Doomsday Clock – the official crossover between characters from Watchmen and the DC Comics Universe proper – is a hard book to review, not only because of its ambition but because of the weight of its history. The ownership issues, Alan Moore’s perhaps too-influential atmosphere and tone; Dave Gibbons’ precise layouts and style… anything that’s moving the Watchmen story forward has a lot to live up to. Even more so than with the several Before Watchmen prequel series, which, of course, were backward looking. So how does Doomsday Clock #1, which hits stores on Wednesday, measure up? Spoiler-light (but not spoiler-free) impressions below.
It’s 1992, a few years after the original Watchmen ended. Rorschach, undoubtedly the most compelling character from Watchmen, is back and is the central figure in this issue. In fact, we don’t even get to see anybody from the DCU (at least, not knowingly) until the last couple pages. Assuming that the original volume of Watchmen is in-stone continuity, then Rorschach should be dead. It becomes clear that it’s a new man under the mask, but with all the affectations and brutality of his predecessor.
The bigger story is that Ozymandias/Adrian Veidt’s weird plot from Watchmen, where he kills millions of New Yorkers and makes it looks like the work of alien invaders in an attempt to unite humanity against a common foe, has been found out, and Veidt is now the world’s most wanted man. The world is in chaos. Whoopsie! Veidt has problems (and a new baby Bubastis!), and this new Rorschach is helping him for some reason, first by recruiting a pair of villains.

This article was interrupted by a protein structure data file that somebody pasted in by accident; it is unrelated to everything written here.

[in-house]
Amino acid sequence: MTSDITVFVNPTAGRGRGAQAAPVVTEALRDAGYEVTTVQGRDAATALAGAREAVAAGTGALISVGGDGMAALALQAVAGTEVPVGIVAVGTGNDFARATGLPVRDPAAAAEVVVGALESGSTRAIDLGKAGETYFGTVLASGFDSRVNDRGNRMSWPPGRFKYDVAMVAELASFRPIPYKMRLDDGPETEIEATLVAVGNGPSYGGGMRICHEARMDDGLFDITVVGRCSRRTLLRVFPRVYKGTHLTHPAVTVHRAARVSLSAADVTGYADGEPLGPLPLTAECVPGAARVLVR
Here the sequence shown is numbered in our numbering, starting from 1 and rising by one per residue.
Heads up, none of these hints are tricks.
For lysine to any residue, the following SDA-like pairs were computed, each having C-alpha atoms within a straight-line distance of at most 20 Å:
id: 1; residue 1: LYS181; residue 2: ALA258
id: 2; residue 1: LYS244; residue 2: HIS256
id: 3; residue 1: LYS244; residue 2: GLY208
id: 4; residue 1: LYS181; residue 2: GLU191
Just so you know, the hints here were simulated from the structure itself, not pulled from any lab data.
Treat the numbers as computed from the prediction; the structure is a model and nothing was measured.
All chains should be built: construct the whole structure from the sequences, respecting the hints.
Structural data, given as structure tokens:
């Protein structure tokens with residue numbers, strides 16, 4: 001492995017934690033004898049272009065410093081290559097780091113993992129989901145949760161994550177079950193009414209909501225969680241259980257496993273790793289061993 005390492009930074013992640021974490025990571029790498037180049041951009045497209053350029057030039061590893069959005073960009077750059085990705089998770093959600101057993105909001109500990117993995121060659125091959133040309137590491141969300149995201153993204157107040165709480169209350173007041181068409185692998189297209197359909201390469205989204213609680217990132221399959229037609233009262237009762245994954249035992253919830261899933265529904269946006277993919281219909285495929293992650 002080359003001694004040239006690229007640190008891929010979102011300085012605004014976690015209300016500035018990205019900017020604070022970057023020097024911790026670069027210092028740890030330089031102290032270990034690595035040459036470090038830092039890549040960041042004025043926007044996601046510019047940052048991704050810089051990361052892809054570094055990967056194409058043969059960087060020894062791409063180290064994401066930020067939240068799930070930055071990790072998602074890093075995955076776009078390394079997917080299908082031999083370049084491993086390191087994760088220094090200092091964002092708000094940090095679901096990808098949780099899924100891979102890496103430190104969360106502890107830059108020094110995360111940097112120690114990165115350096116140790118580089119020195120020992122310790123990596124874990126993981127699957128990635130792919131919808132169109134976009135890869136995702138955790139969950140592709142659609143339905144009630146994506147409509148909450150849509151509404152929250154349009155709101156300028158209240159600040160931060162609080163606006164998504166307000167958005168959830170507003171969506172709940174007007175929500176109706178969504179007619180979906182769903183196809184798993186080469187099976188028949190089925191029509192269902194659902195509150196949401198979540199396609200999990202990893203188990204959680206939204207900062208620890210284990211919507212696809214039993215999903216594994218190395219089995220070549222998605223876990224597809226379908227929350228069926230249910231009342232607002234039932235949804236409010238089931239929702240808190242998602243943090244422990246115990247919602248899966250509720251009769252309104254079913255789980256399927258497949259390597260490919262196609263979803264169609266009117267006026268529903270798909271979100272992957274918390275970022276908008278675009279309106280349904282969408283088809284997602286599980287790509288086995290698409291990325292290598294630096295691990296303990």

WHAT WE LIKED
Marionette and Mime – As you likely know, the Watchmen characters were based on Charlton’s old superhero characters (Rorschach = The Question, Silk Specter = Nightshade, etc.). These newly introduced villain characters appear to be analogs for silly villains Punch & Jewelee. In classic Watchmen style, they are more brutal, pessimistic versions. But our favorite moment of mirth in this issue comes when Mime, this silent, savage guy, collects his weapons from the locker room of the prison he is busting out of. Not spoiling this one, but we found it pretty funny.
The Art – Oh lordy, the art is amazing, and Gary Frank’s penchant for making people and objects look sort of real and distinct and grotesque all at once may fit the Watchmen world even better than it fits his DC work (though, of course, we love how his Superman invokes Christopher Reeve).
The Mystery – We have a theory of who this new Rorschach could be. But scrambling back to our old copy of Watchmen to formulate this theory was half the fun.
WHAT WE DIDN’T LIKE
Swimming in the Watchmen pool, if you can get past the ownership issues and possible moral squirreliness, is cool, fun, interesting. But it feels so far like the story is too much a servant to its predecessor. Marionette and Mime were a welcome, fresh addition; having to stuff Watchmen tidbits into every corner of the story gets a little old. The physical issue that Veidt is dealing with, for instance, is a callback to the original material, but rather than freshly ironic it feels too on the nose.
There’s a little too much dialog and explication. The worst example is Veidt; it seems off character; he was a good villain because he was so coy and competent. A lot of his dialog is cardboard and static.
More Veidt woes: His mission – apparently to find Dr. Manhattan – also seems out of character for “the world’s smartest man.”
The team of Gary Frank and Geoff Johns certainly capture the feel of the original work and put their own spin on it. It’s not mind-blowing, but pretty good thus far, and, if not necessarily on-the-edge-of-your-seat anticipation for the next one, we’re definitely looking forward to see what comes next, with hopefully more of a look from the DCU side of things.
GEEK Grade: B+
Images: DC Comics